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China: Exams Accessible to the Blind a Breakthrough

Education Ministry Announcement Would Reduce Discrimination

(New York) – The Chinese Education Ministry’s decision to provide Braille or electronic exams for national university entrance will improve access to higher education for candidates who are blind or have visual impairments, Human Rights Watch said today. Up to now, students who are blind or partially sighted were effectively barred from mainstream higher education because no provision was made to accommodate their disability.

“Making exams accessible to the blind would help to minimize discrimination against and maximize respect for people with disabilities in China,” said Sophie Richardson, China director at Human Rights Watch. “This is an important breakthrough after years of advocacy by disability rights advocates in China.”

The Chinese government in 2012 issued national regulations guaranteeing that people with visual impairments could use Braille and electronic paper in national school entrance exams, without laying out the modalities. The Ministry of Education announcement is the first document ever stating that the national university entrance exam, or gaokao, will be accessible to students who are blind or partially sighted and that the ministry will be responsible for providing examination papers in braille or in electronic form.

In July 2013, Human Rights Watch published a 75-page report detailing the numerous educational barriers faced by children and young people with disabilities in China, including the failure by the government to provide appropriate classroom accommodations to help them overcome barriers to school.  Human Rights Watch urged the Chinese government to move towards an inclusive education system in which schooling is fully accessible to children with disabilities.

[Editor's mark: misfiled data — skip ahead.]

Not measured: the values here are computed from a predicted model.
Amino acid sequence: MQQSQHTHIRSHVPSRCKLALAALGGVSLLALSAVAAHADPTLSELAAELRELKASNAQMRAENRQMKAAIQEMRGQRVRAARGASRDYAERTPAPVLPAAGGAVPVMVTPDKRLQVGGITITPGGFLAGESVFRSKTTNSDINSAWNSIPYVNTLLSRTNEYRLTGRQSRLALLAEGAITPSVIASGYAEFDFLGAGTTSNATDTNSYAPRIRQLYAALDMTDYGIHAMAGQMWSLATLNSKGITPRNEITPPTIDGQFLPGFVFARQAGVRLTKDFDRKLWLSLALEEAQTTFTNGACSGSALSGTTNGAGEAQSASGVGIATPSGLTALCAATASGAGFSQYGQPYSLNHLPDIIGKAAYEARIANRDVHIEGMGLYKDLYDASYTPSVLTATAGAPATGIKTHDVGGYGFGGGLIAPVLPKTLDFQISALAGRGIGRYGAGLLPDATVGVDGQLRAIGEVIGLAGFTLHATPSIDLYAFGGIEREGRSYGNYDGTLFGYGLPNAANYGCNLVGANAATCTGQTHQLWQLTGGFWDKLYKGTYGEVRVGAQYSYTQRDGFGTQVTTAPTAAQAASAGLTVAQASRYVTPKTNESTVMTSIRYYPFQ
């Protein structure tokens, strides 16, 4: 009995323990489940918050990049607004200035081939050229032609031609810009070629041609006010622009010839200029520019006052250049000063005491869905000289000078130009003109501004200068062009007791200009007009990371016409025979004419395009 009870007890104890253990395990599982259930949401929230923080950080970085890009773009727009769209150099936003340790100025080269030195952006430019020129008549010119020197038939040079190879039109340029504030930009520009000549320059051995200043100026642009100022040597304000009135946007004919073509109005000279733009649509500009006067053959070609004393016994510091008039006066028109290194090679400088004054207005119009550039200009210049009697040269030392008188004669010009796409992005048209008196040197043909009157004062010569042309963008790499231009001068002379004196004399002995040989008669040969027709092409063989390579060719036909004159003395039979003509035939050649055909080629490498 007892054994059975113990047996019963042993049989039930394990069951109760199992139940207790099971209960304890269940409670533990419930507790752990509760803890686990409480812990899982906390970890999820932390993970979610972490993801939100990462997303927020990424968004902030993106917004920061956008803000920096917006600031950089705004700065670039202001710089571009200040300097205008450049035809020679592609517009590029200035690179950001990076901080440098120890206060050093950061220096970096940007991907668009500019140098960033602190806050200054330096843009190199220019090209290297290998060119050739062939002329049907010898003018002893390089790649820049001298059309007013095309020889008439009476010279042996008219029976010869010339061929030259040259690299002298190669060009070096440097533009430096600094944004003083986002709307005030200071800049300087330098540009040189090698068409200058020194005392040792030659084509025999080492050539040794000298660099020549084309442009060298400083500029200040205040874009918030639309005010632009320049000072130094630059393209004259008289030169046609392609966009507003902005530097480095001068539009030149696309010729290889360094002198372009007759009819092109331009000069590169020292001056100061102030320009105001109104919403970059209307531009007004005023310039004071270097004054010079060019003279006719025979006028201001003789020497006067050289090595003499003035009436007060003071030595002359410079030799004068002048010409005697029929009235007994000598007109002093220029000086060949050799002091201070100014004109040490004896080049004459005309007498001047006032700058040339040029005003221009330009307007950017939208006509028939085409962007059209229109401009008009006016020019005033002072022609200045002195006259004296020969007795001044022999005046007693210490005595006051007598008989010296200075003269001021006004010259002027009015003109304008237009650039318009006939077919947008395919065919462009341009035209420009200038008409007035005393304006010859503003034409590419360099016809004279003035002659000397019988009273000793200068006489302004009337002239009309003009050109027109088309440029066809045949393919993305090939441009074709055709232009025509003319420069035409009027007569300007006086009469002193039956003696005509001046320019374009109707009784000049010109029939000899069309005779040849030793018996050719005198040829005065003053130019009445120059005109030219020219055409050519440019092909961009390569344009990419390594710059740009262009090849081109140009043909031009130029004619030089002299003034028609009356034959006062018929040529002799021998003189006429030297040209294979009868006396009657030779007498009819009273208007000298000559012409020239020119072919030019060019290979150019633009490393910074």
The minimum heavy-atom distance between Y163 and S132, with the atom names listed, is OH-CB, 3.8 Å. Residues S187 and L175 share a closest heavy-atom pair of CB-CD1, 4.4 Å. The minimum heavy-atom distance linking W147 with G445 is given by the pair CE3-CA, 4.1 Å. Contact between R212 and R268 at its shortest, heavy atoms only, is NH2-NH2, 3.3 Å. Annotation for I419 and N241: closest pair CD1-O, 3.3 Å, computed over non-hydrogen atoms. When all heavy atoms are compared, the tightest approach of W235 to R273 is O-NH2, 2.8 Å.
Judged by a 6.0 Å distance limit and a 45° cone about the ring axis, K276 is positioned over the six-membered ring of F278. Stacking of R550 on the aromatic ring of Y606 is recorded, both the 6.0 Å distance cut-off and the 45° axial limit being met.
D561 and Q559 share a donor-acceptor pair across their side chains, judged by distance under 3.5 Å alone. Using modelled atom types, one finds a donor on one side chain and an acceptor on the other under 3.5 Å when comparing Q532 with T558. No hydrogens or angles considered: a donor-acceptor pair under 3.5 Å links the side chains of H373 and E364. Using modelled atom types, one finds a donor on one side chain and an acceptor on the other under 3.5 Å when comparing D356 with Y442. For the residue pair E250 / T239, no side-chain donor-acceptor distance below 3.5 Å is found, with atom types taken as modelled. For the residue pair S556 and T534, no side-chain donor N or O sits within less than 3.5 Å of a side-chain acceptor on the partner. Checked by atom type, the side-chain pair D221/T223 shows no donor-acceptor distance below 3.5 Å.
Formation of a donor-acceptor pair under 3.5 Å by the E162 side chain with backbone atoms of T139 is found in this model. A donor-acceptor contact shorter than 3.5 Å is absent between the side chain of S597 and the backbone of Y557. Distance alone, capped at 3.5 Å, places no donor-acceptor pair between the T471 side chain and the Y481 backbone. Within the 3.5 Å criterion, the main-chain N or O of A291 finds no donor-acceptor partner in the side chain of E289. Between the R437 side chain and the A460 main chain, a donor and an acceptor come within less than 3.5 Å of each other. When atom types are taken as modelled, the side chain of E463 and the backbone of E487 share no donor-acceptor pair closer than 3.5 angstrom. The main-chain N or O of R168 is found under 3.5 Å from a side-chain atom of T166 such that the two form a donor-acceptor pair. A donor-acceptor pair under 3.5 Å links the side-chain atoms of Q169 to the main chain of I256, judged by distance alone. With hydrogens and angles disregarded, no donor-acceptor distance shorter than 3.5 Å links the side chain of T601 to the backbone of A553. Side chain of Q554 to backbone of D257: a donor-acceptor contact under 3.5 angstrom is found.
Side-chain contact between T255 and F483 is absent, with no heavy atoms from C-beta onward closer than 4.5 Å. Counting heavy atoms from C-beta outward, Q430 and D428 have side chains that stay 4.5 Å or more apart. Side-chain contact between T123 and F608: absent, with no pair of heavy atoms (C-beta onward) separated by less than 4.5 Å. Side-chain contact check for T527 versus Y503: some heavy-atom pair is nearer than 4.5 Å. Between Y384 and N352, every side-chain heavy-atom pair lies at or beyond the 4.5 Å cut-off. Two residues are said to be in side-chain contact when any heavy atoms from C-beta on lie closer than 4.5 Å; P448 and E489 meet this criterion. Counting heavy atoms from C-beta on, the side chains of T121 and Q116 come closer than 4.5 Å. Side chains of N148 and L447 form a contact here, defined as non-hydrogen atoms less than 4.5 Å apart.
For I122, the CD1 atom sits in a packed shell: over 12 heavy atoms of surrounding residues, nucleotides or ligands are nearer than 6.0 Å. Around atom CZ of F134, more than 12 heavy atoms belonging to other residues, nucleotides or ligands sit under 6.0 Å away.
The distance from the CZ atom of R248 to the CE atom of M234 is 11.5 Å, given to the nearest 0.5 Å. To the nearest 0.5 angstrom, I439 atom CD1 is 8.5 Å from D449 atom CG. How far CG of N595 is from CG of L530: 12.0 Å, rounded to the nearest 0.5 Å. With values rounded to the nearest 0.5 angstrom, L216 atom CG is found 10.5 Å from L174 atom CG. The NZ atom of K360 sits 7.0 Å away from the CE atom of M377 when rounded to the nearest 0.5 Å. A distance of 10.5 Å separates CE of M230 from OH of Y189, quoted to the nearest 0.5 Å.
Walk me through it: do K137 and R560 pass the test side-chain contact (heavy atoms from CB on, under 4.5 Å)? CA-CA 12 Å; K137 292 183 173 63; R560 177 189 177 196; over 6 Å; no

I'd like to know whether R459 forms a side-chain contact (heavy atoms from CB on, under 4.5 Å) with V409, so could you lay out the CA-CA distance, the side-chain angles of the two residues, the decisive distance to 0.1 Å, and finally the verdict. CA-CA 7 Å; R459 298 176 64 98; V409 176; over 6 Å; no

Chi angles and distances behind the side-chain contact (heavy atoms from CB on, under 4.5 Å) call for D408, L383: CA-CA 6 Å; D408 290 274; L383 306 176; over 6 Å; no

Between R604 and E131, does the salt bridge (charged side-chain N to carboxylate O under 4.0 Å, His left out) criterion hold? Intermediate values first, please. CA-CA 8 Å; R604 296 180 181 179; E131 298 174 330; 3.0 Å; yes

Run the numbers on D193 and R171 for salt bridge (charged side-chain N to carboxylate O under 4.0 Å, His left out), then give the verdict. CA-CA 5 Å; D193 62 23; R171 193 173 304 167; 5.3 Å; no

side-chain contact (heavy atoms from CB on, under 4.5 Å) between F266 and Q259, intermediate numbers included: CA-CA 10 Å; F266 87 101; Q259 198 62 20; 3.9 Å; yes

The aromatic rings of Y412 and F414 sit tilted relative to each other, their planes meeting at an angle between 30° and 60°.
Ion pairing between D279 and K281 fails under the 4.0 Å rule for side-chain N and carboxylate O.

Mainland disability rights advocates have welcomed the Education Ministry’s directive, calling it a victory over the government’s resistance to fulfill the right to education for people with disabilities.

Under the Convention on the Rights of Persons with Disabilities, which China ratified in 2008, governments should “ensure that persons with disabilities are able to access general tertiary education … without discrimination and on an equal basis with others. To this end, [governments] shall ensure that reasonable accommodation is provided to persons with disabilities.”

“Much remains to be done to end the discrimination and exclusion of people with disabilities in China,” Richardson said. “Truly implementing this initiative would be an important step toward building a more inclusive society.”

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